Binit Kumar
Guest Article

Half of your marketing budget is wasted. Now you can know which half.

Our guest author explores how evidence-based marketing principles can pinpoint which half of your budget is wasted.

Marketing has mostly been a case of trial and error, gut feeling, organisational capability building, years of experience, launching many products, and filming advertisements. We have been learning, teaching, and applying marketing principles without much evidence.

If you haven’t heard about evidence-based marketing, then you are late. If you don’t understand evidence-based marketing principles, then you would be wasting a lot of time on things that are not important.

Based at the University of South Australia, the Ehrenberg-Bass Institute is the world’s largest centre for research into marketing. They are an independent, non-profit research institute. They have a team of 60+ marketing scientists who are advancing marketing knowledge, busting pseudo-science and marketing myths, and teaching how marketing really works.

Half of your marketing budget is wasted. Now you can know which half.

Busting myths and revealing marketing facts: How not to blow your brand?

Marketer’s view: Marketing objective: In order to grow MS, identify a segment which is unique and offer the differentiated proposition by reaching them smartly in a cost-effective way.

Evidence-based data suggest that it has many errors.

1. Unique segment

Consumer segments in competing categories are homogeneous and not heterogeneous. In a nutshell, your brand consumers who buy your brand once, twice, or many times also buy your large and small competitors in the ratio of their market share (Duplication of Purchase Law).

Marketer’s view: It was always thought that brand buyers would be mostly heavy buyers. How many heavy buyers - 80% or 60% or 50%? The data says most brands have only 20-25% heavy buyers contributing to 50-60% of sales, with the rest being occasional buyers. The Negative Binomial Distribution describes the purchase frequency of the brand, and it is a long-tail distribution of buying rates. Most buyers of a brand are light buyers, with buying only once in the time period being the most common purchase rate.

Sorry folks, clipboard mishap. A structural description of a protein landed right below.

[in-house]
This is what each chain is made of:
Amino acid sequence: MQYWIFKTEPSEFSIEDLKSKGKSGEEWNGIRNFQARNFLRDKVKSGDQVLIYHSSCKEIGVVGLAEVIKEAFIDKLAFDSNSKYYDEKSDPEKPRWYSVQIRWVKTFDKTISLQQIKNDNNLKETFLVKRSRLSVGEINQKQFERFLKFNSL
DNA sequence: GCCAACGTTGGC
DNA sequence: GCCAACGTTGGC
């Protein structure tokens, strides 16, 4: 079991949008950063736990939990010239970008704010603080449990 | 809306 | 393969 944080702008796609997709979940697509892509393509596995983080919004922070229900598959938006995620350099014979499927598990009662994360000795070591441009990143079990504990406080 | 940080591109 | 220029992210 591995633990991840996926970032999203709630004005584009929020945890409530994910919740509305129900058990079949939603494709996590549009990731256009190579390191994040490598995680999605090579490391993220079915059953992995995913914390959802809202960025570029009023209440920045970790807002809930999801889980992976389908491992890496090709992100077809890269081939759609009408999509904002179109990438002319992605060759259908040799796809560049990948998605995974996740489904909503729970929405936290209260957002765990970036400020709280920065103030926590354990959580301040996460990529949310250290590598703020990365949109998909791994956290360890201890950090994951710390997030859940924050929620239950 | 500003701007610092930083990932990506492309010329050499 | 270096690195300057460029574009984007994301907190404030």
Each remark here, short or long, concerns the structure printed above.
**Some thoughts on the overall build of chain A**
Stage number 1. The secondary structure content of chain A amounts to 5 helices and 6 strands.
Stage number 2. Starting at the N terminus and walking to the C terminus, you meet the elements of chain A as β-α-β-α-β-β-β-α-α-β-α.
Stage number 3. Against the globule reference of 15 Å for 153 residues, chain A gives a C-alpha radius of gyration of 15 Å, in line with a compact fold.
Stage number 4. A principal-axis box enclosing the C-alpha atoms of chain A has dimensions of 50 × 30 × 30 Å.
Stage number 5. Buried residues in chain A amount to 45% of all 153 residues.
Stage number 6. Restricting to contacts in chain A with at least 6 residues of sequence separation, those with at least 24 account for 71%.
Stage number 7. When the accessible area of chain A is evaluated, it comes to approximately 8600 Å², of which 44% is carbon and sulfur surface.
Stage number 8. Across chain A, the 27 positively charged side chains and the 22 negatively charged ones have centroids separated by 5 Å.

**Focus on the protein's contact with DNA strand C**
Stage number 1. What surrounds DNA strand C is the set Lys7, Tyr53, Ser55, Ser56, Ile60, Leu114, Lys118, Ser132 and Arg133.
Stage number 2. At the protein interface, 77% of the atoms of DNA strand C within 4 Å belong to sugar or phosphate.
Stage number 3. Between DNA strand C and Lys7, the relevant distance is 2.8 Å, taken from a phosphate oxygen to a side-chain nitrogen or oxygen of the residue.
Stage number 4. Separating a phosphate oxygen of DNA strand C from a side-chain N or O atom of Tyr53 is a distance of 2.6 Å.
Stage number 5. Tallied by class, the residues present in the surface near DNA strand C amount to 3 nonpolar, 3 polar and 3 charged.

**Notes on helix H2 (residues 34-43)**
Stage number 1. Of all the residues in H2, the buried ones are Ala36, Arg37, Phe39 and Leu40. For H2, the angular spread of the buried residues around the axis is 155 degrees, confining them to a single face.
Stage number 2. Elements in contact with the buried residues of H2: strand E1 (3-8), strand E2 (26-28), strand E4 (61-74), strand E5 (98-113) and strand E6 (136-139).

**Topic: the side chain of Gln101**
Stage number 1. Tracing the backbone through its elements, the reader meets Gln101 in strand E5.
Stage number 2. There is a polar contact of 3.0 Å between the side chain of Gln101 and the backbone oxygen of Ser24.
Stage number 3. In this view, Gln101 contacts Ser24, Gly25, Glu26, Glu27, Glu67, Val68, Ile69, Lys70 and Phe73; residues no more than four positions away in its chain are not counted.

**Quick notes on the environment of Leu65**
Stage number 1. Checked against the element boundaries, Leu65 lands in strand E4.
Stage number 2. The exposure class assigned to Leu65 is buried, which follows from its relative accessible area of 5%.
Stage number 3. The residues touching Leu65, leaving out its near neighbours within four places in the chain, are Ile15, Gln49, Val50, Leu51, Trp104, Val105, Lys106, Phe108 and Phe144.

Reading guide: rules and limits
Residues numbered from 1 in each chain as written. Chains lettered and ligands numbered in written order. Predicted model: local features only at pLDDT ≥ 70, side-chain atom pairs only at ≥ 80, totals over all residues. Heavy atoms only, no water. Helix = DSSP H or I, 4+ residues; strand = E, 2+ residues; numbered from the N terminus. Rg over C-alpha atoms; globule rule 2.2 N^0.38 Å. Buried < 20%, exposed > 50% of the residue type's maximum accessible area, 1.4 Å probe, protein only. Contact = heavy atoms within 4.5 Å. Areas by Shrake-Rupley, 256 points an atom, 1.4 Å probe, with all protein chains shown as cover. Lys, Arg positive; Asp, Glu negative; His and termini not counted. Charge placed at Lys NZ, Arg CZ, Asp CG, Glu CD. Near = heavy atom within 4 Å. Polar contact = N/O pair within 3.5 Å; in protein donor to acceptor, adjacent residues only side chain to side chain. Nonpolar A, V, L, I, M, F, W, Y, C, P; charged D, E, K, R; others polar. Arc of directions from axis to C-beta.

What about the money that has been spent on creating consumer personas like Passionate, Harmonious, or Purposeful? Unfortunately, that money has also been wasted.

Tip: Stop looking for elusive consumer segments and hope that they will help grow the brand. Find light category buyers and make your brand easy to mind and easy to find.

Next time someone asks you, "Who is your TG?" The answer is: All category buyers.

2. Differentiated proposition

If there is no differentiated proposition, there is no reason to buy.

Marketer’s view: The brand manager needs to defy the norms and come up with something that is unique and different about the brand. Then talk about that proposition; people will notice it and choose the product over others. The human brain is designed to notice something new/novel to satisfy our ancestral fight/flight syndrome.

Evidence-based marketing suggests that consumers in competing categories don't view brands as unique and are unable to articulate the USP of the brand. When probed, they mostly talk about basic category offerings—for toothpaste: cleans my mouth, feels fresh, protects from germs. (Did consumers miss those RTB or the toothless granny?) Most competing brands also have similar satisfaction scores. Differentiation exists only in the minds of brand custodians.